What stinks about having your Nissan crank but not start, is that sooo many things can cause it. For example, the no-start could be caused by a bad fuel pump, or a blown head gasket, or a busted timing belt, and unfortunately the list goes on.
In this tutorial, which is a primer on what can cause a cranks but does not start condition, I'll share some insights and tips, based from my actual experience, that will help you narrow down your troubleshooting efforts. Whether you Nissan V-6 is front wheel drive (FWD) or rear wheel drive (RWD) or a 4X4, the testing tips and suggestions will apply!
Contents of this tutorial:
Difference Between A No Start And A No Crank Condition
Since all of the articles I write are geared toward the Do-It-Yourself'er (DIY'er), I want to clarify that a no-crank and a no-start condition are not the same thing. Here's a brief description that'll help you make sense of this tutorial (and will help you find even more info online):
Cranks But Does Not Start Condition: Means that your Nissan's starter motor is cranking the engine but the engine is not starting. This is usually due to a fault in the ignition system, or in the fuel system, or there's an engine mechanical problem (like a thrown rod, etc.).
Does Not Crank Condition: Means that the engine is not cranking when you turn the key to crank the engine. In other words, the engine doesn't turn over at all. This is usually due to a bad starter motor, bad ignition switch, bad neutral safety switch, or the engine is locked up.
If your Nissan doesn't crank and you suspect the starter motor, here's a tutorial that'll help you test it: How To Test The Starter Motor (Nissan 3.0L, 3.3L).
No Start Condition Basics
OK, to start opening up about the most basic (and the most important) information you need to know to successfully diagnose the ‘cranks but does not start’ condition of your Nissan, is that the engine needs 3 things to start and run. These are:
When your Nissan cranks but does not start, it's because one of these 3 things is missing from the mix. It's as simple as this! I know, I know, I may be over-simplifying it all but knowing that only one of three things is missing really helps to put the problem into perspective!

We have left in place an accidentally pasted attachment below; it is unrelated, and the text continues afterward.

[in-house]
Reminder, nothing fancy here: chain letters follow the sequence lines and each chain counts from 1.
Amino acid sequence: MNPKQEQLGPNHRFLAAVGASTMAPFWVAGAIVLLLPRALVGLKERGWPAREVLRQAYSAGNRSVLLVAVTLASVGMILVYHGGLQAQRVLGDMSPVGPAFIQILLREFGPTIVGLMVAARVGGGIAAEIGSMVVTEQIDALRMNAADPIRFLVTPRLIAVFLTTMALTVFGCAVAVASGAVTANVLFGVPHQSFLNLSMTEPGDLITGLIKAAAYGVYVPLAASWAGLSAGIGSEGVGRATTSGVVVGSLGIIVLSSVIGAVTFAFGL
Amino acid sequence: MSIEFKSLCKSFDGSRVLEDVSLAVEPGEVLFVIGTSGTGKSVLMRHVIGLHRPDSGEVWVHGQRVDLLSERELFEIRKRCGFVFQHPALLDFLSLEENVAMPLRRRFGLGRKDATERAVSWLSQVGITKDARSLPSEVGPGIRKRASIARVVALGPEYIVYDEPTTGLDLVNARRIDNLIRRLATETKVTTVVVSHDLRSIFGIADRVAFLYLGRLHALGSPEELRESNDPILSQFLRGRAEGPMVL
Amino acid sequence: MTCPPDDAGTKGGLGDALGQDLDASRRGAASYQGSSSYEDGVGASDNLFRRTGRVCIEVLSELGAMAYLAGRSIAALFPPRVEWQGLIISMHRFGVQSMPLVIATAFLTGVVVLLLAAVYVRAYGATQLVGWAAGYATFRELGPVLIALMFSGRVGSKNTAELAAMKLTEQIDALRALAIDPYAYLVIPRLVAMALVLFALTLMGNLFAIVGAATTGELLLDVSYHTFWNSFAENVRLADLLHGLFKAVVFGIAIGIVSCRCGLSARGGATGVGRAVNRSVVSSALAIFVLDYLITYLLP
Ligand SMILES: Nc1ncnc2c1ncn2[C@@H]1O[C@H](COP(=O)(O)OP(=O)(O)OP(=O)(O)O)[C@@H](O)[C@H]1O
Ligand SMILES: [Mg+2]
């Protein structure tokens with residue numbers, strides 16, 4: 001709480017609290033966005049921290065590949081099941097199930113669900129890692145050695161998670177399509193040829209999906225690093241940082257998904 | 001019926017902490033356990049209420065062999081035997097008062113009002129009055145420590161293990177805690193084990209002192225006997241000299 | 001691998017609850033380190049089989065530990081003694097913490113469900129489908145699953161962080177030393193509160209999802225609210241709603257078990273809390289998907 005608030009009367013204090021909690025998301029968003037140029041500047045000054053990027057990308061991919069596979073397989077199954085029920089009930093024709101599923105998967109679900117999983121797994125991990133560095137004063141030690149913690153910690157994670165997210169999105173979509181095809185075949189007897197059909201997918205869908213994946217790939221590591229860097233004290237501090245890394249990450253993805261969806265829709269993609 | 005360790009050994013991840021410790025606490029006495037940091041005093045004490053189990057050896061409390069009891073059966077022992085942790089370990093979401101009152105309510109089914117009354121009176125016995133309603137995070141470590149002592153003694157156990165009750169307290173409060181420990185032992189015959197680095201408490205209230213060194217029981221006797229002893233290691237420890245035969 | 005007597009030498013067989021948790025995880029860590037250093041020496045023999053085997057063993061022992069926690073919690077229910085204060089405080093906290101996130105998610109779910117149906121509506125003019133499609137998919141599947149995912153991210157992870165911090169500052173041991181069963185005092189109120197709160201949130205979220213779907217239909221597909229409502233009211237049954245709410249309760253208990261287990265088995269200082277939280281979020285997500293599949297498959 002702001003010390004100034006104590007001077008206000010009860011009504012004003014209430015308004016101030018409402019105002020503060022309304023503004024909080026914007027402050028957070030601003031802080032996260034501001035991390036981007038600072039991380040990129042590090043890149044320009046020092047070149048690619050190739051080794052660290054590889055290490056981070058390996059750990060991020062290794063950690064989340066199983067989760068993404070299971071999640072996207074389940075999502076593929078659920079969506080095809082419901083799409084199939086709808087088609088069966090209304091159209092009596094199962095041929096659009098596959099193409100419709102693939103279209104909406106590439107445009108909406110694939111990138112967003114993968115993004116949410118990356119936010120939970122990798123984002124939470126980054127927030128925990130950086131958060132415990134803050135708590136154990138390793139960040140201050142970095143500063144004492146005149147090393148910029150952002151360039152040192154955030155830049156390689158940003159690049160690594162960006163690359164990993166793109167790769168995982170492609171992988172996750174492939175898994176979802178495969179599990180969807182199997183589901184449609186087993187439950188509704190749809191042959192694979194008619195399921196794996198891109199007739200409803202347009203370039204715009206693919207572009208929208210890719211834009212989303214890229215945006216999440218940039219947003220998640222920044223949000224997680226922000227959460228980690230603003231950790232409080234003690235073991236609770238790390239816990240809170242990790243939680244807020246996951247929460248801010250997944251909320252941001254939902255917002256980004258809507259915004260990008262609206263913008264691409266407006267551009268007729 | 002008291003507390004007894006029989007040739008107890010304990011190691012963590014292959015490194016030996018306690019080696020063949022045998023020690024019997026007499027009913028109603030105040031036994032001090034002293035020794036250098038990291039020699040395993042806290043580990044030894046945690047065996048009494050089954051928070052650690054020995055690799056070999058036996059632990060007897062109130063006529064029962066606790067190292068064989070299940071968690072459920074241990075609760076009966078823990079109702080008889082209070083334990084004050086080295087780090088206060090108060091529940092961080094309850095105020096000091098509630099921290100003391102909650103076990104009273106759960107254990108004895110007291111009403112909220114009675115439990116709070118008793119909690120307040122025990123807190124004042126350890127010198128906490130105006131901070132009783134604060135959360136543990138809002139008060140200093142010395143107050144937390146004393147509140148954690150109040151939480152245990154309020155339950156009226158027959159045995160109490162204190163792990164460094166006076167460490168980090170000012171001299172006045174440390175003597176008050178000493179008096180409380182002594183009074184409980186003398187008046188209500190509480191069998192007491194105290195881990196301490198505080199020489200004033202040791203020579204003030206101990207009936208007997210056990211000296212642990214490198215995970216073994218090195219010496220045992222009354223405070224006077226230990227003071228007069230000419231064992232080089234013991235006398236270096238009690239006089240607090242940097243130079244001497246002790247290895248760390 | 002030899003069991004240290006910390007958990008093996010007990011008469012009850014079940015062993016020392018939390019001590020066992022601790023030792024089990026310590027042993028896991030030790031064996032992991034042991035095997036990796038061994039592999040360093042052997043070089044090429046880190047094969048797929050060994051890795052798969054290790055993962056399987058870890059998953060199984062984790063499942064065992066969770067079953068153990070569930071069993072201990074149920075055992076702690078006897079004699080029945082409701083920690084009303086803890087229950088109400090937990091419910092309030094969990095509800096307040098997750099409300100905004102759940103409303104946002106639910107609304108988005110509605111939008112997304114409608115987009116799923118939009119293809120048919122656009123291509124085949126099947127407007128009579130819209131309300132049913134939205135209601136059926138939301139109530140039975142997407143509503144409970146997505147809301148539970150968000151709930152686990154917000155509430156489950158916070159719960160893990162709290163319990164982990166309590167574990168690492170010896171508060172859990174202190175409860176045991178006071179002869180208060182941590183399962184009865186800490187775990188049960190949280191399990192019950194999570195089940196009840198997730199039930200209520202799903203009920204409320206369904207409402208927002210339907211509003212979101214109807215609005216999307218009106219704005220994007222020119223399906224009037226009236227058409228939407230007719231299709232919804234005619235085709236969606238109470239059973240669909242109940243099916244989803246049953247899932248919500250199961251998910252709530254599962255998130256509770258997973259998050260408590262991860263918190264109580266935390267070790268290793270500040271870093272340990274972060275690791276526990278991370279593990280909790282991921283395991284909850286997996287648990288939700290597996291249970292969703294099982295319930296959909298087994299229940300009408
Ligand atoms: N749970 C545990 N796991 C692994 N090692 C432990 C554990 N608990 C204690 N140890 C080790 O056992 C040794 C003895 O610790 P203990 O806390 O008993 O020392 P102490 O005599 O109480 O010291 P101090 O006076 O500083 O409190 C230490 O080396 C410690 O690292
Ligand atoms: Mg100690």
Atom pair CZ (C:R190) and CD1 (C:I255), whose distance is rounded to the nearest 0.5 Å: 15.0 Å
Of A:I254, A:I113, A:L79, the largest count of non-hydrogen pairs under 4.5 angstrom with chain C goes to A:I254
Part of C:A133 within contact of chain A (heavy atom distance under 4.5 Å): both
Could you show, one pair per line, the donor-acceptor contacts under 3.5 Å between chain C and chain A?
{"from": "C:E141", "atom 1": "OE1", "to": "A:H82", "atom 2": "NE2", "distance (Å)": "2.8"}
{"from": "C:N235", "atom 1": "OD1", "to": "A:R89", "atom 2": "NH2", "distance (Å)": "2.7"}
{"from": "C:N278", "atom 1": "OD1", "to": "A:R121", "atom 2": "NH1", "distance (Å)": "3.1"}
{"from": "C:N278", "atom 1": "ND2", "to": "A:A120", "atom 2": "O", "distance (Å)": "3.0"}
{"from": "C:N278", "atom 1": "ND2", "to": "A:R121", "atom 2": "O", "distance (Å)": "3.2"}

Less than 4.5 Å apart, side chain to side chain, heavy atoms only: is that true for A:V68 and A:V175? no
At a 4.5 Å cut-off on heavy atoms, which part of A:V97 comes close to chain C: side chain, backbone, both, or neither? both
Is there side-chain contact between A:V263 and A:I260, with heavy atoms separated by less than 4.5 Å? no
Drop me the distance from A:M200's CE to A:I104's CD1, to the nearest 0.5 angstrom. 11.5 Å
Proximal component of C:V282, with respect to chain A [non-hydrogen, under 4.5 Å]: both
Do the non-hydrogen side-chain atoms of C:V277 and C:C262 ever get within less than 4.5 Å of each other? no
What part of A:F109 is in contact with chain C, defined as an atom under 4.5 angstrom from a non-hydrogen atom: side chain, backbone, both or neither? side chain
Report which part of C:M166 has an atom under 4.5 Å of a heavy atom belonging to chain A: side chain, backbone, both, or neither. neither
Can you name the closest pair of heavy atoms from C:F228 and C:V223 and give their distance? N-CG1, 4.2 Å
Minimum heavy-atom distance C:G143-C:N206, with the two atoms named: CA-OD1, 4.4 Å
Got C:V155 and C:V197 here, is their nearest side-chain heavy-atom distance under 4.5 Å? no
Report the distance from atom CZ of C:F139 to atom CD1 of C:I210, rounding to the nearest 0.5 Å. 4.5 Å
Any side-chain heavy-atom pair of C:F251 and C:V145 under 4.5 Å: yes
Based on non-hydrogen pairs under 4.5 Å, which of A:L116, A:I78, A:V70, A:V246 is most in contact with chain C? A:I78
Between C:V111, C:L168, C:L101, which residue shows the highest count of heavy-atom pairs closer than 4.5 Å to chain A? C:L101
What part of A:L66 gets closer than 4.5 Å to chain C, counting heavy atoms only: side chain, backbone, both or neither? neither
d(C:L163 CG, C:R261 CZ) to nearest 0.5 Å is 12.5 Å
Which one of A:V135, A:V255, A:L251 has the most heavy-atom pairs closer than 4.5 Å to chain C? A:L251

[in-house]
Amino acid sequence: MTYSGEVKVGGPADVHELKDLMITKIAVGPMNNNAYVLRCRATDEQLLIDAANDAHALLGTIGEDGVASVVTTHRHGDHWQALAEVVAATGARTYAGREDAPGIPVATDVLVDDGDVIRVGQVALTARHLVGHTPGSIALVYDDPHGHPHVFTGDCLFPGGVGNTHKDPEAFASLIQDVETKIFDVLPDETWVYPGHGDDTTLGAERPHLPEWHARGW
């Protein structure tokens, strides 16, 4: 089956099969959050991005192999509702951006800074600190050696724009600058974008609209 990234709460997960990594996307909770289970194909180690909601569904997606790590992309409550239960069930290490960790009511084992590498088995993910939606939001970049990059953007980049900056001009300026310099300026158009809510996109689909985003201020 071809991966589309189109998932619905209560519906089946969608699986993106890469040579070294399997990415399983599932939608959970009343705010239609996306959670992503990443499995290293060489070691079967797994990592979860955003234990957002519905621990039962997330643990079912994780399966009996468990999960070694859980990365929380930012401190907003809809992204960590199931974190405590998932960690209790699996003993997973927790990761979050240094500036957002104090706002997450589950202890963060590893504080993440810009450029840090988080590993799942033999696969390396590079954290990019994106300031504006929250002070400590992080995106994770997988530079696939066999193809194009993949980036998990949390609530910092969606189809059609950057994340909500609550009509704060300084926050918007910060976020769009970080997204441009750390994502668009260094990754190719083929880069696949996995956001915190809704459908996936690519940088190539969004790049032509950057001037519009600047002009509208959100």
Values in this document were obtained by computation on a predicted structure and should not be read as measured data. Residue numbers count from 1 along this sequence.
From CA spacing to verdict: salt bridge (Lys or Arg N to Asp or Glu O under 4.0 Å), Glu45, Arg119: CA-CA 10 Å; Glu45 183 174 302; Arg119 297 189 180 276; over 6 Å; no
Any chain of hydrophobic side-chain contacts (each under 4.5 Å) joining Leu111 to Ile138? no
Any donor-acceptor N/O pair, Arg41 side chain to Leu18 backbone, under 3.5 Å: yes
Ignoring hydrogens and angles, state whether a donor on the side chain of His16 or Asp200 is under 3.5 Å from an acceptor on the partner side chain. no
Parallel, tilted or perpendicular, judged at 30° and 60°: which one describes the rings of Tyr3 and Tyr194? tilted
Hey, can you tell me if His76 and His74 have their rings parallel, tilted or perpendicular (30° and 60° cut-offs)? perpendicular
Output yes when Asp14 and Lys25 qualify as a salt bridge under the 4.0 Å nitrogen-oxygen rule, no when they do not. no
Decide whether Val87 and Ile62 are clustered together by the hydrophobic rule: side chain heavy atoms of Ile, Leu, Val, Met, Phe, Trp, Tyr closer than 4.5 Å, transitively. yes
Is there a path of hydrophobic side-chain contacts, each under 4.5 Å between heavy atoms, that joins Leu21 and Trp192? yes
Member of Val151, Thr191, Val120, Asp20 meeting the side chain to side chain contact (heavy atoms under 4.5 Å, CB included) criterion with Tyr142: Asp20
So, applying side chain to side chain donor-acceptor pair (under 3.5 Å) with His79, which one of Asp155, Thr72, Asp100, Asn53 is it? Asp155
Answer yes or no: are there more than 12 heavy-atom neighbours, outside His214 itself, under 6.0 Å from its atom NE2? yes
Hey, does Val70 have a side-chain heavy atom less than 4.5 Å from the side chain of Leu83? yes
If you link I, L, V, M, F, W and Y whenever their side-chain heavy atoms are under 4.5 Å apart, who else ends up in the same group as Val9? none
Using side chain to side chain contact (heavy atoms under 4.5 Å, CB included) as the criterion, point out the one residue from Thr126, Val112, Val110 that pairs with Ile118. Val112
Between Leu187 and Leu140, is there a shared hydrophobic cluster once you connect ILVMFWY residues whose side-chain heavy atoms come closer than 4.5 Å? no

Now, knowing this means that when your or my Nissan doesn't want to start, my job (or your job if you're the one diagnosing/troubleshooting the problem) is to find out which of these 3 things is missing.
To get down into the nitty-gritty details- this means that troubleshooting the problem requires that you or I check for spark (with a spark tester), check fuel pressure, and if necessary, check the engine's health with a compression test.
I'll go into more specific details in the following headings:
1.) Ignition System
- The ignition system is the one tasked with creating and delivering spark to each of the 6 cylinders. Without spark, the engine will crank but not start.
- The ignition system of the Nissan vehicles covered by this article use either distributor type system or a COP (Coil-On-Plug) ignition coil system. In a COP ignition coil system, each cylinder has its own ignition coil; thus eliminating the distributor entirely.
- In my experience, the most common component failures, of the ignition system that cause a no-start no-spark condition are:
- Ignition control module (ICM) -most commonly known as the igniter (if distributor equipped).
- Ignition coil.
- Distributor cap (if distributor equipped).
- Distributor rotor (if distributor equipped).
- All of the above ignition system components can be tested in a methodical way to find out exactly what has failed (if indeed something has).
2.) Fuel System
- The fuel system is the one responsible with supplying the engine with fuel.
- The fuel system component that causes the majority of no-start no-fuel problems:
- Fuel pump relay.
- Fuel pump.
- The fuel pump can be tested to make sure it has really fried using a fuel pressure gauge.
3.) Engine Mechanical System
- The components that are responsible for drawing in the air the engine needs are the: engine pistons, cylinder head valves, and all the other related components like: timing chain, etc.
- Although rare, internal engine mechanical problems can and do cause no-start conditions.
- Possible internal/external engine problems are:
- Blown head gasket.
- Blown engine.
- Busted timing belt.
OK, the list of possible things that can go wrong looks pretty long but it is rare to see (or have) two different components go bad from two separate systems at the same time.
The cool thing is, is that there is a diagnostic strategy that you can use to figure out exactly what's wrong with your particular no-start problem. Let's find out more about it in the next subheading.